Fearing Revolt, Roger Verâ€™s Bitcoin.com Backs Down From Proposed BCH Mining Tax
According to a statement earlier today, Jan. 28, Roger Verâ€™s Bitcoin.com is backing down from its recently proposed Bitcoin Cash mining tax.
According to a statement earlier today, Jan. 28, Roger Ver’s Bitcoin.com is backing down from the 12.5% mining tax on Bitcoin Cash they proposed along with other major BCH mining pools owing to the community’s overwhelming negative response to the proposal.
Last week, Bitcoin Cash (BCH) personalities proposed a 12.5% tax on mining rewards that would ostensibly go to funding network development. Now Bitcoin.com has rejected the proposed mining tax unless serious alterations are made:
“As it stands now, Bitcoin.com will not go through with supporting any plan unless there is more agreement in the ecosystem such that the risk of a chain split is negligible. We think it is clear that the existing proposal does not have enough support.”
In the post, Bitcoin.com urged transparency, flexibility and unity.
Bitcoin.com suggests that a lack of ecosystem agreement risks a split in the chain, though they seem to be looking for ways to fund further development:
“We will be working to come up with a plan that is profitable for all the relevant parties and which preserves the fundamental economics of Bitcoin Cash.”
The post ends with a call for more flexibility:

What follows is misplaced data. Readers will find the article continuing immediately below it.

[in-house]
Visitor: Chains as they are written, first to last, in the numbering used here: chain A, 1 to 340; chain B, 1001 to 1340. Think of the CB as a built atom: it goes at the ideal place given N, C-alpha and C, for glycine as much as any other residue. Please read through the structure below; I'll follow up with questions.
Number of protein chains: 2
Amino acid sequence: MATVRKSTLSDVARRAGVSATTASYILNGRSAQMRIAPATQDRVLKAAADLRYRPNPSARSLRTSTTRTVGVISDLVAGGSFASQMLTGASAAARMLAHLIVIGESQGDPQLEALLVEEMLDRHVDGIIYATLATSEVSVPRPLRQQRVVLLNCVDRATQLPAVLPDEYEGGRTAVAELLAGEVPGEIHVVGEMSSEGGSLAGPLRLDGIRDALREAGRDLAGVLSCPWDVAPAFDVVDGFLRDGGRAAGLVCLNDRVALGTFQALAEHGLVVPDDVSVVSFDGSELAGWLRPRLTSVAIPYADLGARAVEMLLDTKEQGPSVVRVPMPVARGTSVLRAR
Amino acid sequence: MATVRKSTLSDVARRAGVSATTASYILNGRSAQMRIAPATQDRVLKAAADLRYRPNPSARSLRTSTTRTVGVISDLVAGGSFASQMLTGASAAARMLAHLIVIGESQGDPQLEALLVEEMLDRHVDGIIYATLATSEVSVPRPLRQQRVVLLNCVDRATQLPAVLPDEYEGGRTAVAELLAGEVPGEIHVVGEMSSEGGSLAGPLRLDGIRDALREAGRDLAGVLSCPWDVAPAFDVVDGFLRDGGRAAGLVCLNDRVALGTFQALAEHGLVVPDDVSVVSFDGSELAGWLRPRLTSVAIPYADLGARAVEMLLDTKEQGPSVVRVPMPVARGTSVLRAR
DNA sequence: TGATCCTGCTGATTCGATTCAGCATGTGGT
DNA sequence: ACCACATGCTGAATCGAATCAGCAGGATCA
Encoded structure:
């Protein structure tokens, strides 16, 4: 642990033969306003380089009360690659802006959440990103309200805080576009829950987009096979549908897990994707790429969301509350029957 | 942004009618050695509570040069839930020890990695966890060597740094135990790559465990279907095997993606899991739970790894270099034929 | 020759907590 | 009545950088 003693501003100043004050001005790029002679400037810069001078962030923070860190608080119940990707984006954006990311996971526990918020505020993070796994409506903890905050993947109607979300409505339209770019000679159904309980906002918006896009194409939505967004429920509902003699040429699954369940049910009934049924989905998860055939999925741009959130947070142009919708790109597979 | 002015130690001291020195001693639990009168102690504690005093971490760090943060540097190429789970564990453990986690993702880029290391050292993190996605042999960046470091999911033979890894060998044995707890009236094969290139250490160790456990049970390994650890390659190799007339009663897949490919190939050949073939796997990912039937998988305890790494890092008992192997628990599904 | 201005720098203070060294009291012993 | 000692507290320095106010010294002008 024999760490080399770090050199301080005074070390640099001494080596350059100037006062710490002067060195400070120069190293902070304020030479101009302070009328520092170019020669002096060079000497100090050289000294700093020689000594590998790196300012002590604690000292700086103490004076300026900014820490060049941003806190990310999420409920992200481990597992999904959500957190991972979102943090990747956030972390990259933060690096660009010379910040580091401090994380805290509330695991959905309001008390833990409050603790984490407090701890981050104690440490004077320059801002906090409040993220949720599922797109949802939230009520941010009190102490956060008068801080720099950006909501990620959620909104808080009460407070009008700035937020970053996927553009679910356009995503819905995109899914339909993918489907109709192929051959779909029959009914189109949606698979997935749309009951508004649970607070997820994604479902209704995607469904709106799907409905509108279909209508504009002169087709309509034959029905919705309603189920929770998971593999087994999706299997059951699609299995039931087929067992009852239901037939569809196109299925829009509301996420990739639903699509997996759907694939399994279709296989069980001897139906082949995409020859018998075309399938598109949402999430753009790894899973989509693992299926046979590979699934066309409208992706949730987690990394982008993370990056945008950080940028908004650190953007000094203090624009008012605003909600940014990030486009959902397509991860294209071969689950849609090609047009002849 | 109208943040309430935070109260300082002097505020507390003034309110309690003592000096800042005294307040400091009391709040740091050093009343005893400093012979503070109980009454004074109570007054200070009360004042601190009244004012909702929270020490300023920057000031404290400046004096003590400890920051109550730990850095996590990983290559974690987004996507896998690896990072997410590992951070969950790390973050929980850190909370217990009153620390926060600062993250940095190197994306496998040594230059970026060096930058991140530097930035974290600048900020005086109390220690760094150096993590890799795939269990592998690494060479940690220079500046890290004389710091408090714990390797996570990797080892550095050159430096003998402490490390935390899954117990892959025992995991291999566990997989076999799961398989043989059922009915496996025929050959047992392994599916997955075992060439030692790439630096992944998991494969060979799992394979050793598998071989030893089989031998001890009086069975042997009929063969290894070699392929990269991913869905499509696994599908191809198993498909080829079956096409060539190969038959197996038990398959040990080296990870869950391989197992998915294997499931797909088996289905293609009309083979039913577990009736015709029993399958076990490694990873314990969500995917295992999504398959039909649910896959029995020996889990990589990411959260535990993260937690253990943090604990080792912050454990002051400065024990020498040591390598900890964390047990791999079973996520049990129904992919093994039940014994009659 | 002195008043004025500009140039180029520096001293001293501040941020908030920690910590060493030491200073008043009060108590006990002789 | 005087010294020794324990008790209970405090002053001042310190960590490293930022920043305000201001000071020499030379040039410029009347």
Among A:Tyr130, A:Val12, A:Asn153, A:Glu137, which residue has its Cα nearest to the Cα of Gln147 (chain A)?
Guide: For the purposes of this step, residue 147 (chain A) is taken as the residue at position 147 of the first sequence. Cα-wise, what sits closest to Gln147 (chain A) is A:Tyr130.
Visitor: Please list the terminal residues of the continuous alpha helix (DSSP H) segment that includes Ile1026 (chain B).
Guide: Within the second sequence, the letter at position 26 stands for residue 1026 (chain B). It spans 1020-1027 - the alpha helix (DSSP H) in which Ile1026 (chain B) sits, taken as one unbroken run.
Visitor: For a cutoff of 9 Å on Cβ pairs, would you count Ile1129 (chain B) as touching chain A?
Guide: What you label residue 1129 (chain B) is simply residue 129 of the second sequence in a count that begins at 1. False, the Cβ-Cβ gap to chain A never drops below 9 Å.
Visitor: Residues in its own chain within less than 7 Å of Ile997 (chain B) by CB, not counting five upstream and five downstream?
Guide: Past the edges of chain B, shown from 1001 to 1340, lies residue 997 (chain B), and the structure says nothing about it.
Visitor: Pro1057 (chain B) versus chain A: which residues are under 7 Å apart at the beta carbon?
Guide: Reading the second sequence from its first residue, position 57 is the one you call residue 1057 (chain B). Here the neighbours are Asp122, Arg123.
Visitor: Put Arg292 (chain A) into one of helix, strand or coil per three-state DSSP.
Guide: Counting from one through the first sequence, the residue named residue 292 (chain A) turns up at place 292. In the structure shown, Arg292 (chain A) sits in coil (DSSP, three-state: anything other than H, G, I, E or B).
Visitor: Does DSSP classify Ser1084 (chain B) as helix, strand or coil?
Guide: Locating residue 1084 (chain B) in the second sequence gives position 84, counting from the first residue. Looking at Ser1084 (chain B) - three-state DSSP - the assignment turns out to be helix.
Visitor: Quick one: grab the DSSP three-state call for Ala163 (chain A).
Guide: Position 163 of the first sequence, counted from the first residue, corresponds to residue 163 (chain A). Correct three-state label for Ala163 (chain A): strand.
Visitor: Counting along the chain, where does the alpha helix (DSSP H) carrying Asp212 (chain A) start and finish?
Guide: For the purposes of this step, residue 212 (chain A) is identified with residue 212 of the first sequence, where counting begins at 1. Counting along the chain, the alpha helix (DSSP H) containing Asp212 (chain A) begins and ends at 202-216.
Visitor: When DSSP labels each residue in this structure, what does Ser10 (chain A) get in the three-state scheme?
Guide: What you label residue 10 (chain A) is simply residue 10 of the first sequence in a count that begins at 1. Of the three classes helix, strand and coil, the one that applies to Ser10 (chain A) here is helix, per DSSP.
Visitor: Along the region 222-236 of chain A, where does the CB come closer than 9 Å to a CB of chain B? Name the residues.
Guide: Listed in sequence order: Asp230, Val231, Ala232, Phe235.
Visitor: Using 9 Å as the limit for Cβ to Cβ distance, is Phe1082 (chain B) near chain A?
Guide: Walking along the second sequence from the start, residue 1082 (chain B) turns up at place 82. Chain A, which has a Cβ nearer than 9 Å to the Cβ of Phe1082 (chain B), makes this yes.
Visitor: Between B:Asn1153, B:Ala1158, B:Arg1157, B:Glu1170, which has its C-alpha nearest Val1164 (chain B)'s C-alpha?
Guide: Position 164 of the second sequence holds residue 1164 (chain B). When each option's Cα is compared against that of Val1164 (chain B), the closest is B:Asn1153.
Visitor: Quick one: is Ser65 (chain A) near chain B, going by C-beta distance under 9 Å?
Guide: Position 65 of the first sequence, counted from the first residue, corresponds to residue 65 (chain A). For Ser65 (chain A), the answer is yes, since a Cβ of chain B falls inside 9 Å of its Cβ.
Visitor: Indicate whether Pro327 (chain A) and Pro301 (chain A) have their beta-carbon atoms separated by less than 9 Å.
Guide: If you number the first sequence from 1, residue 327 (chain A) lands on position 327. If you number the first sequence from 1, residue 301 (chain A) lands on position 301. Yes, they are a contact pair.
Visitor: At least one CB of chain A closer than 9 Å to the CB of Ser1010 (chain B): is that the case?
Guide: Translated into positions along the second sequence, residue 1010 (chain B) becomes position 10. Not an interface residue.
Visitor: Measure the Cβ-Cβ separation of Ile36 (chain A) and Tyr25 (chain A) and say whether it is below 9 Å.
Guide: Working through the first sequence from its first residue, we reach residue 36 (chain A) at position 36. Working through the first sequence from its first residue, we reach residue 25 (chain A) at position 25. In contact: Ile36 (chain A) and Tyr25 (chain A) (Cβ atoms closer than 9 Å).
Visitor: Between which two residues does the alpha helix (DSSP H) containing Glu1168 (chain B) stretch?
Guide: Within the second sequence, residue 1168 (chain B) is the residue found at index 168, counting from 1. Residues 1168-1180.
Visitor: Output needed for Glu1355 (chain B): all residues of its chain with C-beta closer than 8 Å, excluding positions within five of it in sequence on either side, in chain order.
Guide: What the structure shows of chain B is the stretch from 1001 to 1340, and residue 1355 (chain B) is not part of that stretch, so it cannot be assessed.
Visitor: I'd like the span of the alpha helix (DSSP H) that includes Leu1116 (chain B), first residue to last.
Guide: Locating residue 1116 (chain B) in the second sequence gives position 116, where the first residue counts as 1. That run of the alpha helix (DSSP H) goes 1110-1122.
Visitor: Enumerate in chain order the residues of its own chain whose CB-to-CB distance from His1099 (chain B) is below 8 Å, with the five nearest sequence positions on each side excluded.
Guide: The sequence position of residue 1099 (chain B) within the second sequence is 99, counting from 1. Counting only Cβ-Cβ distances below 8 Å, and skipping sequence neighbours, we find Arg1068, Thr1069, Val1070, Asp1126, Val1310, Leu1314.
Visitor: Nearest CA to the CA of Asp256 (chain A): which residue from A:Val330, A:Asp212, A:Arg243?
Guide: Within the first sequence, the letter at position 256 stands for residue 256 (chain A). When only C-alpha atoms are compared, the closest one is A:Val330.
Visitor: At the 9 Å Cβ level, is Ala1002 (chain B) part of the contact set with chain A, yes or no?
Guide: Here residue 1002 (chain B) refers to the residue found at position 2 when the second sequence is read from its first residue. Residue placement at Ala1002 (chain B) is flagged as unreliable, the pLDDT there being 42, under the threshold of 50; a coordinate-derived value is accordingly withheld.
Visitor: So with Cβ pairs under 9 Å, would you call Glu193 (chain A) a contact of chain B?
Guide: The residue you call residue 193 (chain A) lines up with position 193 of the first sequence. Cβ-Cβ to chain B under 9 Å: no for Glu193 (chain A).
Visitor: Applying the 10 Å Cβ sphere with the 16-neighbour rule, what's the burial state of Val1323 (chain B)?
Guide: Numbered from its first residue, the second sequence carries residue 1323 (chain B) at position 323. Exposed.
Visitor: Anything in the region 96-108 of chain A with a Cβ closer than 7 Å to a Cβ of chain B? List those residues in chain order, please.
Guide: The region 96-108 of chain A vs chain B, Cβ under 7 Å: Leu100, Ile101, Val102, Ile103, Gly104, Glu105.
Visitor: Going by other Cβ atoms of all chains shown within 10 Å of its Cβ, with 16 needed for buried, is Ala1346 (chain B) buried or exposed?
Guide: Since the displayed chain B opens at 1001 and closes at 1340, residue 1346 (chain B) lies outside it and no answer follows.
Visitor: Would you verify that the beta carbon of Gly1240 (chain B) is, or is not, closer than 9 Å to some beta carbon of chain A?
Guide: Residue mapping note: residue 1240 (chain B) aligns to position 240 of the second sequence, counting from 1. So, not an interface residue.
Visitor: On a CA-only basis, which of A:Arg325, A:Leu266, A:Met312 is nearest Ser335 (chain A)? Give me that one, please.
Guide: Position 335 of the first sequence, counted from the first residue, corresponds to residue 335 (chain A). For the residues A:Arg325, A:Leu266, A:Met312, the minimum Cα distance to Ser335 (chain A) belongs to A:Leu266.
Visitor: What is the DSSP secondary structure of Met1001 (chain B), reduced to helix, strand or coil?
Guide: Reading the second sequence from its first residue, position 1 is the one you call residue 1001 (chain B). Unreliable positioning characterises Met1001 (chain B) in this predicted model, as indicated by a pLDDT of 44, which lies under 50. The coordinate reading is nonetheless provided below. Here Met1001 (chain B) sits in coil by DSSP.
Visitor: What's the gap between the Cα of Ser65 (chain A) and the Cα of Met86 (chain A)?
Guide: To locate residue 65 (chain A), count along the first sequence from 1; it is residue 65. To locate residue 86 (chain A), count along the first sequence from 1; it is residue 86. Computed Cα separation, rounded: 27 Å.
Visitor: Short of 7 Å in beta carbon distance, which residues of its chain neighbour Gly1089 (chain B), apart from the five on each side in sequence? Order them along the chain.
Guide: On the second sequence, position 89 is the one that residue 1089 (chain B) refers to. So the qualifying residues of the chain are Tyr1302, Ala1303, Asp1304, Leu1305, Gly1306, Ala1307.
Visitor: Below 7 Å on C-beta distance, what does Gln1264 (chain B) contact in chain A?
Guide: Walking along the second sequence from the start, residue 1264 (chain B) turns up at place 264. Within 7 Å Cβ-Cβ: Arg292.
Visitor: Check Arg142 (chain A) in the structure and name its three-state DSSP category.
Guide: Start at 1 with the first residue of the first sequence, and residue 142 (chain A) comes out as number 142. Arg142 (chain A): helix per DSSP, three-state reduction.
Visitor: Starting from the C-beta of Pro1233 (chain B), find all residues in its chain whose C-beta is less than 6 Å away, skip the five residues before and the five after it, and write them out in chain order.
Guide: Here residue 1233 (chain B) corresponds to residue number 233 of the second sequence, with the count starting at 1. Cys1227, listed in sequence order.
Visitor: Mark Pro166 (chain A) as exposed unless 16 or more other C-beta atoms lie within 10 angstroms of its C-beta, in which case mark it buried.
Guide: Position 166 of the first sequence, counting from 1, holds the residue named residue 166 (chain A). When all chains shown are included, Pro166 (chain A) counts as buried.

“A permanent proposal would be in effect a carte blanche on development and would incentivise “development for development’s sake,” which would defeat the purpose of the fundraising […] to create fast, reliable, digital cash upon a stable, largely unchanging, economically rational Bitcoin protocol.”
Critics attack the proposal
Cointelegraph reported last week on the proposed tax published by Btc.top CEO Jiang Zhuoer. The “infrastructure funding plan” would have miners send 12.5% of mining rewards to an entity in Hong Kong. The co-signing entities repped 27% of hashrates. Most controversially, the proposal included “orphaning” non-compliant miners — the practice of removing blocks from the chain that resembles a 51 percent attack.
Critics underscored the routing of funds to a corporation instead of a nonprofit and the absenting of a voting procedure, which would mean company owners would control BCH development. Other complaints included Chinese government interference and profitability since the tax would affect miner revenues.
In other news on cryptocurrencies looking to fund development, Litecoin’s Charlie Lee pitched that miners donate 1% of their rewards to development on Jan. 24.
Cointelegraph.com reached out Roger Ver for comments but hadn’t received any at press time.
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